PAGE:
There is an audio choice of Dolby Digital 2.0 stereo or Dolby Digital 5.1. Both are mastered slightly quieter than usual and you will want to give your volume control a nudge, but do it after you have selected 'Play' or you risk ear damage from the main menu. The Dolby Digital 5.1 is a very good transfer, and some thought has gone into the placement of sound. It has that typical 'concert feel' whereby most of the music is focused on, and across, the front speakers. Lead vocals are loud and clear and placed mainly in the centre speaker with backing vocals spreading out across the whole front. Rear speakers are used for music spillage, and for crowd noise which is well balanced between the front and the rear.
The low-level sounds are as good as any I have heard and are rich and deep. They are not aggressive, but have a real rumbling presence at times, and while drums are not really a feature of A-ha's music, synthesised bass is, and the front speakers are ably supported by the subwoofer which is frequently called on to fill out the sound. The Dolby Digital 2.0 transfer sounds a little flat in comparison, but still has the clarity and depth of the 5.1 mix.
For those that like to sing along, there are English subtitles for the lyrics and crowd banter which is mostly in Norwegian.
There are no problems with synchronisation, nor is there a layer change, which indicates that the extras and feature are on separate layers. This is a wise move.
The extras are a definite plus for this release. The running times quoted are not exact as many of the extras, like the feature, do not have a time counter. Humph!
The booklet is a neat little addition containing all manner of credits.
There are two bonus live tracks from a show in May 2001, and a far more intimate affair than Vallhall. They are presented in full frame and Dolby Digital stereo. The tracks are Early Morning and Summer Moved On.
For video lovers, there are four music videos from A-ha's comeback album, Minor Earth Major Sky. All are again Dolby Digital stereo with differing aspect ratios. All are clean, with good colouring and one or two are very interesting videos indeed. The four tracks are Summer Moved On, Velvet, I Wish I Cared, and the title track.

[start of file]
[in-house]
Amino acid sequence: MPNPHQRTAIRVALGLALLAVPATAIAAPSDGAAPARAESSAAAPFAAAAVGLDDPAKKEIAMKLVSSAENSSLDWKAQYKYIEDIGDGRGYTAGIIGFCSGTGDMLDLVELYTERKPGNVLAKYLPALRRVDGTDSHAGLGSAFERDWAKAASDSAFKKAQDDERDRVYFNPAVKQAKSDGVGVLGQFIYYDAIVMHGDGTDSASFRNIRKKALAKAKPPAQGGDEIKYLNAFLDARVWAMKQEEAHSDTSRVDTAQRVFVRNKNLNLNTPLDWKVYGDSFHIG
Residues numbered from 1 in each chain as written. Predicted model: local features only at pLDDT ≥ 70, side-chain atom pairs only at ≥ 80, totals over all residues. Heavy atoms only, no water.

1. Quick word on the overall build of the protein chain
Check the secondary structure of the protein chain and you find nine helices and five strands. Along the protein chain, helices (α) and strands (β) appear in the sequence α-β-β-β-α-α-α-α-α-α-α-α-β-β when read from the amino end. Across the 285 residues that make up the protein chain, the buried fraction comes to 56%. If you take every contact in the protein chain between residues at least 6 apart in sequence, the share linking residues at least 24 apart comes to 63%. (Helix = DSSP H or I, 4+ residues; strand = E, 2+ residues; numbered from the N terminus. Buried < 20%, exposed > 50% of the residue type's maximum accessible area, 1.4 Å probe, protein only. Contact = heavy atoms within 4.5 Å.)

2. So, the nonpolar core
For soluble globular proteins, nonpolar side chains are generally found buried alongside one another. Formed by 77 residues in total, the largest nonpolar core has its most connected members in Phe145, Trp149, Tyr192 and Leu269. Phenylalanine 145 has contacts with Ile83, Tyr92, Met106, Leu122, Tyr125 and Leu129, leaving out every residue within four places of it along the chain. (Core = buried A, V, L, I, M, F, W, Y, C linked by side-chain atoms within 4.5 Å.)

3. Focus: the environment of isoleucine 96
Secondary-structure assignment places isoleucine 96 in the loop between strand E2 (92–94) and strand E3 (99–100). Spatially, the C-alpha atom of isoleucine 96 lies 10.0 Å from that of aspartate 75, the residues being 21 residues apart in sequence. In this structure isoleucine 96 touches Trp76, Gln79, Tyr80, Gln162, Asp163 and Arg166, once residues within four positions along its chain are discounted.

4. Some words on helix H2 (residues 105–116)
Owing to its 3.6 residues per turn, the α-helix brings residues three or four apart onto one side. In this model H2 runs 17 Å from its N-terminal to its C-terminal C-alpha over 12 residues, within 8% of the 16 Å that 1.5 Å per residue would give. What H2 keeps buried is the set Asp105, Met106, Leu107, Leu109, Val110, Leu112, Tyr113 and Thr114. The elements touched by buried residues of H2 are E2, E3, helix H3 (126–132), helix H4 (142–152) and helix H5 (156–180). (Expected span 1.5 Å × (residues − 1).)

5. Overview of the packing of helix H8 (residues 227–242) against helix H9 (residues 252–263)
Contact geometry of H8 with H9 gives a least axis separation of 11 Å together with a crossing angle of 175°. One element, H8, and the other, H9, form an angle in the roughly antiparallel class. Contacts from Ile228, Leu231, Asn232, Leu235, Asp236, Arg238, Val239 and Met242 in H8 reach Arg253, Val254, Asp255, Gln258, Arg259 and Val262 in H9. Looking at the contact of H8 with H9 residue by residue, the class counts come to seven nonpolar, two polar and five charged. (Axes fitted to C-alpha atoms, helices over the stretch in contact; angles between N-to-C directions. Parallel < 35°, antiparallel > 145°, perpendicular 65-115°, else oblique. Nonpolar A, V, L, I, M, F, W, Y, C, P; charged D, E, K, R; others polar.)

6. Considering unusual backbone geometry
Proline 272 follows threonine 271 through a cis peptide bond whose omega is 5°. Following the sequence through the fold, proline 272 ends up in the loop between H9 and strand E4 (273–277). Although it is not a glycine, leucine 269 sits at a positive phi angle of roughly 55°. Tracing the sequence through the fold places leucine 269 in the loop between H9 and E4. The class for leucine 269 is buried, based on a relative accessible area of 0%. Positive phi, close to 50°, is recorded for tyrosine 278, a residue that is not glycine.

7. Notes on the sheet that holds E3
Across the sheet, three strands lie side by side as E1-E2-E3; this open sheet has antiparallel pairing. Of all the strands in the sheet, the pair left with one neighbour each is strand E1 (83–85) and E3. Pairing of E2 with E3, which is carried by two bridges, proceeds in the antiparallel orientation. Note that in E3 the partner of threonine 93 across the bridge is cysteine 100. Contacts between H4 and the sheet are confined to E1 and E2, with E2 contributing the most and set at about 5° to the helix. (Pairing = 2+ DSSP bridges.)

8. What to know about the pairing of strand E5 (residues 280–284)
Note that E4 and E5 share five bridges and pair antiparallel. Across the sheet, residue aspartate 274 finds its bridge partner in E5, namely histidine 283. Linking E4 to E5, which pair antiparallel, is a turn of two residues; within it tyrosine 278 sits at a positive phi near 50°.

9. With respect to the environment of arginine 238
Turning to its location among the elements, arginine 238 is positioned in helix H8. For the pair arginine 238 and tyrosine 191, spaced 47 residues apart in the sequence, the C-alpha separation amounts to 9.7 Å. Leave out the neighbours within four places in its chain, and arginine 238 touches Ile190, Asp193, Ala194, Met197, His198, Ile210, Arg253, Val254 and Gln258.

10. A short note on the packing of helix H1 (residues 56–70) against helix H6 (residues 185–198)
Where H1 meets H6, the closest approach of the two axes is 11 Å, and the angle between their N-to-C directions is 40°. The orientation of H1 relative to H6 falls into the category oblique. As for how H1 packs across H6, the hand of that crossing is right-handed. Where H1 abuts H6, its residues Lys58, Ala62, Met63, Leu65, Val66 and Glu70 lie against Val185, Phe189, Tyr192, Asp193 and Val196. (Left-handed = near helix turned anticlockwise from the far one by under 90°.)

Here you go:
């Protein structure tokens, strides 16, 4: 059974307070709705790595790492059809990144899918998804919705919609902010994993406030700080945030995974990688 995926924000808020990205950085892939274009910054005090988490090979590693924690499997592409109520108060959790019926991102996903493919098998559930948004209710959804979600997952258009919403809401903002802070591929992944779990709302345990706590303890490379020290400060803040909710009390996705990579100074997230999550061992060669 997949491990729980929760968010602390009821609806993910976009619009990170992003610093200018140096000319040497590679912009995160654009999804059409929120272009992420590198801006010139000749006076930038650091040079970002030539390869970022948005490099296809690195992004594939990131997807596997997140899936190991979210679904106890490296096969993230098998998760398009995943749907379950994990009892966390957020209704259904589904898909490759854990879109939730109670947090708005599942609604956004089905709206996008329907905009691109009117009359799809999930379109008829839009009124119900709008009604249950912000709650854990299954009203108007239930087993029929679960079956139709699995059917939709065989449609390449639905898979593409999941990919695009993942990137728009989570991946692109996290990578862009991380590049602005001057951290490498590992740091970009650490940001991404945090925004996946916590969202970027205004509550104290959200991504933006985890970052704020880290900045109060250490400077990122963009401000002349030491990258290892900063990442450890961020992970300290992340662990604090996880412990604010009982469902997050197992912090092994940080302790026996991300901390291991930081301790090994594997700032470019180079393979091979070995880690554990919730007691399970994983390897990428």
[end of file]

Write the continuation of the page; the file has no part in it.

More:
The Seven Year Itch refers to the seven years the band spent pursuing solo projects and runs for approximately 22 minutes. It is broken into three separate sections, one for each band member, and is narrated by a very annoying young Englishman with dreadful grammar and appalling diction. The very same chappy returns for the 22 minute interview, entitled The Ian Wright Interview. It is basically three separate interviews edited into one.
Backstage With Aa-ha is a short behind-the-scenes look at A-ha as they prepare for the upcoming show.
After Party Vallhall is just what it sounds, and lasts a little over six minutes. It is of dubious quality and focuses mostly on fans that have gathered to 'party' with A-ha. This is not overly interesting.
Lastly there is Notes which is eight pages of easy to read text and is a brief biography of the band.
Whilst I don't consider myself a serious A-ha fan, I am guilty of owning and enjoying their first two albums, and have listened to both more than once. It is inoffensive and disposable Euro-pop. I think it is unfair to label them strictly as one hit wonders, but many will beg to differ. To be truthful, they have only had one major hit here in Australia at least, so maybe the tag is somewhat justified. Either way, this is an enjoyable concert, coupled with enough extras to make it a very worthwhile purchase for fans, and contains enough good songs to keep all other pop lovers from accepting the challenge to take them on.